In 1890 the Navy's Policy Board called for a variety of large caliber weapons, from 8" (20.3 cm) all the way up to 16" (40.6 cm). A lighter weight heavy weapon with a bore of 10" (25.4 cm) was also desired to arm monitors and what became the "Second Class Battleship" USS Maine. This weapon was the first heavy breech loader (BL) gun of the "New Navy" and is the direct ancestor to every large caliber breech loading naval weapon ever built in the USA.

Background note: The gunpowder (black powder) propellants used for most of the 19th century burned very quickly, giving their projectiles a short, sharp kick. This meant that a long barrel would actually decrease the muzzle velocity, which was due to friction after the propellant had already finished combustion. This is why the heavy guns of this earlier era had such short barrels, some only 20 calibers long. Scientific advancements of the late 1800s saw the development of brown, or cocoa, powder. This burned more slowly, which allowed a longer barrel length and thus increased the muzzle velocity. However, this propellant also wasted much of its energy producing thick smoke, which could unsight the gunners. Late in the century, further advancements resulted in nitrocellulose propellants which burned even slower with significantly less smoke (hence the name "smokeless powder") which allowed longer, higher-velocity guns to be developed. These short-barrel 10" (25.4 cm) guns, having been designed for black and brown powders, were thus obsoleted almost immediately after their service introduction, but did serve for many years using the new nitrocellulose propellants.

The Mark 1 was built in two lengths, 31 calibers (Mod 0 and Mod 1) and 35 calibers (Mod 2). These were installed in pairs on the monitor Mianonomoh. The Mark 1 Mod 0 and Mod 1 consisted of A tube, jacket, 15 hoops and one locking ring. The Mark 1 Mod 2 consisted of A tube, jacket, 14 hoops and one locking ring. The Mark 2 was of simpler construction, having only 11 hoops, and was used on other monitors and USS Maine. My research suggests that these guns used the Farcot side-swing breech mechanism as originally manufactured and later were given the Fletcher breech mechanism. With the Fletcher mechanism, the breech could be opened and closed again by one man in 26 seconds.

Gun Characteristics

Designation 10"/31 (25.4 cm) Mark 1 Mod 1
10"/34 (25.4 cm) Mark 1 Mod 2
10"/30 (25.4 cm) Mark 2
Ship Class Used On Mark 1 Mod 1 and Mod 2
   Mianonomoh (M-5)

Mark 2
   Amphitrite (M-2), Monterey (M-6) and Maine (1895) classes

Date Of Design About 1891
Date In Service 1895
Gun Weight Mark 1 Mod 1
   57,500 lbs. (26,082 kg) (without breech)

Mark 2
   50,200 lbs. (22,770 kg) (without breech)

Gun Length oa Mark 1 Mod 0 and Mod 1
   329.1 in (8.359 m)

Mark 1 Mod 2
   365.50 (9.284 m)

Mark 2
   329.1 in (8.359 m)

Bore Length Mark 1 Mod 1
   312.8 in (7.946 m)

Mark 1 Mod 2
   340.0 in (8.636 m)

Mark 2
   300.0 in (7.620 m)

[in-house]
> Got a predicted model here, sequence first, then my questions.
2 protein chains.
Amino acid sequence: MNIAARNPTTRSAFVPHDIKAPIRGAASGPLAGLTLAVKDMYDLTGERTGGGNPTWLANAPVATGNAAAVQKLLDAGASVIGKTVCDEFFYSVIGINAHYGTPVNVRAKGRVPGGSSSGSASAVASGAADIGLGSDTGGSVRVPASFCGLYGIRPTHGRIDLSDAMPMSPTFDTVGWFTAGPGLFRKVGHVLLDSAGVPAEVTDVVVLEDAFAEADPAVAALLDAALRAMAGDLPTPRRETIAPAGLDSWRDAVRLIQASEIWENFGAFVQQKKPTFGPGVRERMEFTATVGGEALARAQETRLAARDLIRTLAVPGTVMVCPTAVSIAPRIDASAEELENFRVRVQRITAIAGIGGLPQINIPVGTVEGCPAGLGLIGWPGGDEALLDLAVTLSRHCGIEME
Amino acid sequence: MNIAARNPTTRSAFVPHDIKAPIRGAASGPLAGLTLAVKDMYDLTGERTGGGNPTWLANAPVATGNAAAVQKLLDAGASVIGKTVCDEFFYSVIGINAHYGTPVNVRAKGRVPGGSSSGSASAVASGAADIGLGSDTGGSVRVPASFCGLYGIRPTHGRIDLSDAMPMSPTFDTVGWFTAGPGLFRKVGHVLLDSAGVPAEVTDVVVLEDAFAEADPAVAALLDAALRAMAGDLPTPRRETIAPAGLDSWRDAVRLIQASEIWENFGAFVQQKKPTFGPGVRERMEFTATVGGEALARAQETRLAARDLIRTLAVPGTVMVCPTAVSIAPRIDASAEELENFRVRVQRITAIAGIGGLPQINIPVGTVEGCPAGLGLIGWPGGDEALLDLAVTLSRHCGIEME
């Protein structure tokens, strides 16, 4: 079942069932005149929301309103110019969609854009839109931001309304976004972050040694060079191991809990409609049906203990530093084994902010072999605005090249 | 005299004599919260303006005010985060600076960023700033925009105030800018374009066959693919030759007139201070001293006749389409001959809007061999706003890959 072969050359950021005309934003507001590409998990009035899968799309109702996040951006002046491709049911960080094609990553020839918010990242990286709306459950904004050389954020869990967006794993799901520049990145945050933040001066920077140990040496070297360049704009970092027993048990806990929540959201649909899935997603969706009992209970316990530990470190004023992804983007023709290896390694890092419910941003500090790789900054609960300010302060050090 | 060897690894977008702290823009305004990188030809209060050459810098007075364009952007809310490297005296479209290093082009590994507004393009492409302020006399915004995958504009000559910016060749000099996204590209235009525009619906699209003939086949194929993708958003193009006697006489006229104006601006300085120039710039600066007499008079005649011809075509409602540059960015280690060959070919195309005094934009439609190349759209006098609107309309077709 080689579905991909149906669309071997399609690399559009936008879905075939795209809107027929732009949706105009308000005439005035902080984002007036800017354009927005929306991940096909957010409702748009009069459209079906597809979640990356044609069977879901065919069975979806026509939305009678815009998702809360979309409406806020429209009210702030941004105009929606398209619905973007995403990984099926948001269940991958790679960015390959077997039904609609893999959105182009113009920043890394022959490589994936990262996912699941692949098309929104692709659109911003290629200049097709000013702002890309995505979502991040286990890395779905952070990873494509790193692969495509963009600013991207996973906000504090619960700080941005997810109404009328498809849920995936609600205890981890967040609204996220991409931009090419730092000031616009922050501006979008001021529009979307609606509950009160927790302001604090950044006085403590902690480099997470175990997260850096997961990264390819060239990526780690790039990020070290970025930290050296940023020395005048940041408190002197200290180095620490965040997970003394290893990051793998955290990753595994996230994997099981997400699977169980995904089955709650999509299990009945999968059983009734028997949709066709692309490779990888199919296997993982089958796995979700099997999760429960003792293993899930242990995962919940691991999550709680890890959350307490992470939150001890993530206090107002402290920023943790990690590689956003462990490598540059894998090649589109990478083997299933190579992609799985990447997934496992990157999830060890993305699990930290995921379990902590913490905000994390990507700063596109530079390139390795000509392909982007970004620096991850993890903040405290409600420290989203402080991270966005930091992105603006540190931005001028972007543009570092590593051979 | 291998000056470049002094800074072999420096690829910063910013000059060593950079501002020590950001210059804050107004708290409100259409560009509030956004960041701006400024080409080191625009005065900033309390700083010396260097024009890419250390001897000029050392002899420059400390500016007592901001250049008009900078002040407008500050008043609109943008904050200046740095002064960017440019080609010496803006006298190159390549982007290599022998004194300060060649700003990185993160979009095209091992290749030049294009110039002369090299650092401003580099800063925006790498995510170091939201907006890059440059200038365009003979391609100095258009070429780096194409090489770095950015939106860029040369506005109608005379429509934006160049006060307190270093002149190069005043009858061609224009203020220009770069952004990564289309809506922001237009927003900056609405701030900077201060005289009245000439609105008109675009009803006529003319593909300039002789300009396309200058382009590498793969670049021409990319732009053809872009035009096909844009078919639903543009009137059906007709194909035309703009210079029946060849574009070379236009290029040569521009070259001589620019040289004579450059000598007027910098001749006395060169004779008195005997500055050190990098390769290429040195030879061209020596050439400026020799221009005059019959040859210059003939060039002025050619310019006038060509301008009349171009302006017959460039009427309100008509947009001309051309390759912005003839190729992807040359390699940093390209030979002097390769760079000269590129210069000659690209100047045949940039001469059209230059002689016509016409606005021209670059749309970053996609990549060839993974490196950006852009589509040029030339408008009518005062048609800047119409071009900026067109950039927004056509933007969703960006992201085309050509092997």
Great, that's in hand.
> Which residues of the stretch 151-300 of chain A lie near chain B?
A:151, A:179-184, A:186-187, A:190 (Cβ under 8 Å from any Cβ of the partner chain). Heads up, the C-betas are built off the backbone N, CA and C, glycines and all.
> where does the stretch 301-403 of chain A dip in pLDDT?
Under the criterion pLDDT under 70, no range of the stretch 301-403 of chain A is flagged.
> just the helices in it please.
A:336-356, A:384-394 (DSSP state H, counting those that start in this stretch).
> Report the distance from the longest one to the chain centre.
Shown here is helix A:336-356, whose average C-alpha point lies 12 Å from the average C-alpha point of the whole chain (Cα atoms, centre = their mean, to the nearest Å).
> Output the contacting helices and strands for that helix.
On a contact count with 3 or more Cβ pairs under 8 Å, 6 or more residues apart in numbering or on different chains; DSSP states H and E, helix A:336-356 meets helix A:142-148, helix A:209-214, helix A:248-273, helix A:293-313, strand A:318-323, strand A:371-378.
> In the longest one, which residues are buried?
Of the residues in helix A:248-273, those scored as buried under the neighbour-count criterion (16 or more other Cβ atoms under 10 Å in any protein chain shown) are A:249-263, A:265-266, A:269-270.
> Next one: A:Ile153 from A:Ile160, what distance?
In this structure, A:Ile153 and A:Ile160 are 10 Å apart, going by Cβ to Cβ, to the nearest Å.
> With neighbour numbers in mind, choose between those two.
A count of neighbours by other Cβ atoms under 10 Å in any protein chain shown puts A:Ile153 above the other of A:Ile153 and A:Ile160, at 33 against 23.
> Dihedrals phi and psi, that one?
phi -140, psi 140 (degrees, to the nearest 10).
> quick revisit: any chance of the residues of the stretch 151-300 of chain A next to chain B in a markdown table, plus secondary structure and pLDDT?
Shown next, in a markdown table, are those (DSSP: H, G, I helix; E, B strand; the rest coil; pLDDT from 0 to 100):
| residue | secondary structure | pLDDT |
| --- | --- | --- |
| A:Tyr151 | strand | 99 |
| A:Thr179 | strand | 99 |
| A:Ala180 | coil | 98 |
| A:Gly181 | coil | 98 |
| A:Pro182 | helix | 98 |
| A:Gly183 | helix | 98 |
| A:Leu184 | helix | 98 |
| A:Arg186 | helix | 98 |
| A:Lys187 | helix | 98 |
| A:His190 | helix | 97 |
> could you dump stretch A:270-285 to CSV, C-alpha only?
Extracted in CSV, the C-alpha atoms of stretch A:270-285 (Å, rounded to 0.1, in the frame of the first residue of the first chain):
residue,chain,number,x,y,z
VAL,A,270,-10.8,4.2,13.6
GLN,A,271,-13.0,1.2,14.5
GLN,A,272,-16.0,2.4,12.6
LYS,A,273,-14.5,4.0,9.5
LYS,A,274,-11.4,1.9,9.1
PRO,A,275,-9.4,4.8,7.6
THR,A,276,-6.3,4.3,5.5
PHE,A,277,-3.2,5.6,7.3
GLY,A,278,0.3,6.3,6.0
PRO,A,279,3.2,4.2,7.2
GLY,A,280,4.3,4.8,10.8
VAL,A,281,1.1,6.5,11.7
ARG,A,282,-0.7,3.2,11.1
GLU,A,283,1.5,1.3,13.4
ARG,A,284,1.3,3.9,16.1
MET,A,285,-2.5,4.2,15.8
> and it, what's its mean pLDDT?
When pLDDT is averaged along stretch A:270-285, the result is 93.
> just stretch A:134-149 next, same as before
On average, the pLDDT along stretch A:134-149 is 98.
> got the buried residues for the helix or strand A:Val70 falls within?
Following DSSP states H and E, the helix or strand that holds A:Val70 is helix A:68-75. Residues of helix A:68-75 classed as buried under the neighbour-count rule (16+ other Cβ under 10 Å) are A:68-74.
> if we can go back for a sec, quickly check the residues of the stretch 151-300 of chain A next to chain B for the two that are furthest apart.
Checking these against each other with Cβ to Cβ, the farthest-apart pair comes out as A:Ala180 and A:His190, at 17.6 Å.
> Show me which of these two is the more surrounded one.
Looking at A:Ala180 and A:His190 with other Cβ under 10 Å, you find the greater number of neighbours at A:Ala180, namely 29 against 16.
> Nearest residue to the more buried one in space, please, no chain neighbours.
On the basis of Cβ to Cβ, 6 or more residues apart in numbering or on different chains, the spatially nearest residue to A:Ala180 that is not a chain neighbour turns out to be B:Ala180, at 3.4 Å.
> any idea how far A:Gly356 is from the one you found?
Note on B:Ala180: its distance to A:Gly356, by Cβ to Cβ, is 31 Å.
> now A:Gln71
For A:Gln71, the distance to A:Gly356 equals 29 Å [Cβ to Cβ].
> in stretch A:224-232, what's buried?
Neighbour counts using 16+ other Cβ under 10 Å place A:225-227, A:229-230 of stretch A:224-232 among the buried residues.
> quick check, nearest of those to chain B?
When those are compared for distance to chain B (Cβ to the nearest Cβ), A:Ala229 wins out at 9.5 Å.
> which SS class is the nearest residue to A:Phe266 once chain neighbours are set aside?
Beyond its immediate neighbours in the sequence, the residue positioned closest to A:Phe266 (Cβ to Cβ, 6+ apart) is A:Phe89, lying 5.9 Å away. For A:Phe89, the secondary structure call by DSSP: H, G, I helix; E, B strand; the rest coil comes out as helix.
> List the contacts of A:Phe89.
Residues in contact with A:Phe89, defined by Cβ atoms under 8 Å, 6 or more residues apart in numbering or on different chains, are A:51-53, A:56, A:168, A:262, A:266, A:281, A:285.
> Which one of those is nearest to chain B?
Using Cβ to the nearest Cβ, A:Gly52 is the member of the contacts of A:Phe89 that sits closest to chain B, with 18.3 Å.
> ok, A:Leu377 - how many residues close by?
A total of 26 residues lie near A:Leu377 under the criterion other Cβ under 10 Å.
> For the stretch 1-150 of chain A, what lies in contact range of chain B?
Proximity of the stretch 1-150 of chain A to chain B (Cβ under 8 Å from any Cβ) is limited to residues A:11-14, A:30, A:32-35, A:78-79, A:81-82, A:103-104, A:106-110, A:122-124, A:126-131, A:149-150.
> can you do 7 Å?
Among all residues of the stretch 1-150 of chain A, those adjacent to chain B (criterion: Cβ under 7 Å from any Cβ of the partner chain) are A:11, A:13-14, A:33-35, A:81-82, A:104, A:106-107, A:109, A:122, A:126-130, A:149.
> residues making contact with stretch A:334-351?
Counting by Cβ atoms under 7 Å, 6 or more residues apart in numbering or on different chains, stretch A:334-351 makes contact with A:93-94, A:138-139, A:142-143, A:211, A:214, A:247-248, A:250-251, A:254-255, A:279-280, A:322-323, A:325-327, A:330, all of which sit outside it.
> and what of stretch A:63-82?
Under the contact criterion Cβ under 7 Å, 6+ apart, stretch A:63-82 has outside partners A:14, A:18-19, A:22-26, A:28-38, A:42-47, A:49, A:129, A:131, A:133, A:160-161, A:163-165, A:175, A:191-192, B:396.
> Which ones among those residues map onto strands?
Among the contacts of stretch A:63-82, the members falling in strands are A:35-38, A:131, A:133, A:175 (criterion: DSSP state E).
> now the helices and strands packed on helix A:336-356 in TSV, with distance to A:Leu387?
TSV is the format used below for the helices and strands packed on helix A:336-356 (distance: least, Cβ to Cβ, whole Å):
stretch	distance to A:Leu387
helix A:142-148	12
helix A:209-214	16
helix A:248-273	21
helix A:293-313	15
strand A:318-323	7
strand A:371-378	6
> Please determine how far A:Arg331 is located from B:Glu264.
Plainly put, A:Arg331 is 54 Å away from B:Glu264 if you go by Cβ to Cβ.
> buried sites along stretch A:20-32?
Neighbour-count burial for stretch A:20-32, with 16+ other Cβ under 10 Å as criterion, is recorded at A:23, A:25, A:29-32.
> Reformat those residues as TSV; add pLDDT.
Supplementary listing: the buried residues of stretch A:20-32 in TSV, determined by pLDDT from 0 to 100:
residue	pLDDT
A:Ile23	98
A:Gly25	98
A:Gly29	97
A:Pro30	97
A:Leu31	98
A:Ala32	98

Rifling Length N/A
Grooves N/A
Lands N/A
Twist Mark 1: Increasing RH 0 to 1 in 35
Mark 2: Increasing RH 0 to 1 in 26.8
Chamber Volume N/A
Rate Of Fire 1 As commissioned: About 0.66 rounds per minute
After about 1905: 2 - 3 rounds per minute
  • ^The original Rate of Fire was greatly improved by more careful loading practices and better training.


Type Bag
Projectile Types and Weights AP - 510 lbs. (231.3 kg)
Common - 510 lbs. (231.3 kg)
Bursting Charge AP - 9.8 lbs. (4.4 kg) Black Powder
Common - 20 lbs. (9.1 kg) Black Powder
Projectile Length N/A
Propellant Charge 93 lbs. (42.2 kg) NC
Muzzle Velocity 2,000 fps (610 mps)
Working Pressure 14.0 tons/in2 (2,200 kg/cm2)
Approximate Barrel Life N/A
Ammunition stowage per gun 90 rounds


Ranges of AP projectiles
Elevation Range
15 degrees 20,000 yards (18,290 m)

Armor Penetration with AP Shell

Range Side Armor Deck Armor
6,000 yards (5,490 m) 6.9" (175 mm) ---
9,000 yards (8,230 m) 5.8" (147 mm) ---
12,000 yards (10,920 m) 4.2" (107 mm) ---

This data is from "Elements of US Naval Guns" of 1918. It is corrected for angle of fall and may also refer to harder armor than used for the 1905 data.

Mount/Turret Data

Designation Two-gun Turrets
   Mianonomoh (2): Mark 1
   Amphitrite (2) and Monterey (1) 1a: Mark 2
   Maine (2): Mark 3 2a
   Terror (2): Mark 5 3a
Weight N/A
Elevation Mark 1 and Mark 2: -3 / +13.5 degrees
Mark 3 and Mark 5: -3 / +15 degrees
Rate of Elevation N/A
Train about -150 / +150 degrees
Rate of Train N/A
Gun Recoil N/A
Loading Angle Mark 1: +13.5 degrees
Marks 2 and 3: +10 degrees
Mark 5: Any angle
  • ^USS Monterey was unusual in that she had a twin 12"/35 (30.5 cm) turret forward and a twin 10"/30 (25.4 cm) turret aft.
  • ^The Mark 3 turret differed from the Mark 2 mainly in the details of the means of checking the recoil.
  • ^USS Terror was unique in that she had pneumatically powered turrets, including the run-out. All others had hydraulic operation.

Additional Pictures


"US Battleships: An Illustrated Design History" and "US Naval Weapons" both by Norman Friedman
"A Treatise on Rifling of Guns" by Carl F. Jeansén
"Naval Ordnance" article in "Proceedings July 1894" Vol. 20/3/71 by P.R. Alger, Professor of Mathematics, U.S. Navy
"Ordnance and Gunnery, A Text-book Prepared for the Use of the Midshipmen of the United States Naval Academy" by Officers of the U.S. Navy (1910)
"United States Naval Guns: Their Marks and Modifications" Ordnance Pamphlet No. 127, December 1916, Second Revision June 1924
Gene Slover's Navy Pages
Special help from Leo Fischer

Page History

19 September 2008 - Benchmark
12 January 2009 - Added picture of Monadnock shell
25 July 2016 - Converted to HTML 5 format
23 October 2020 - Added ammunition data, reorganized notes
21 June 2023 - Added comments regarding Farcot and Fletcher breech mechanisms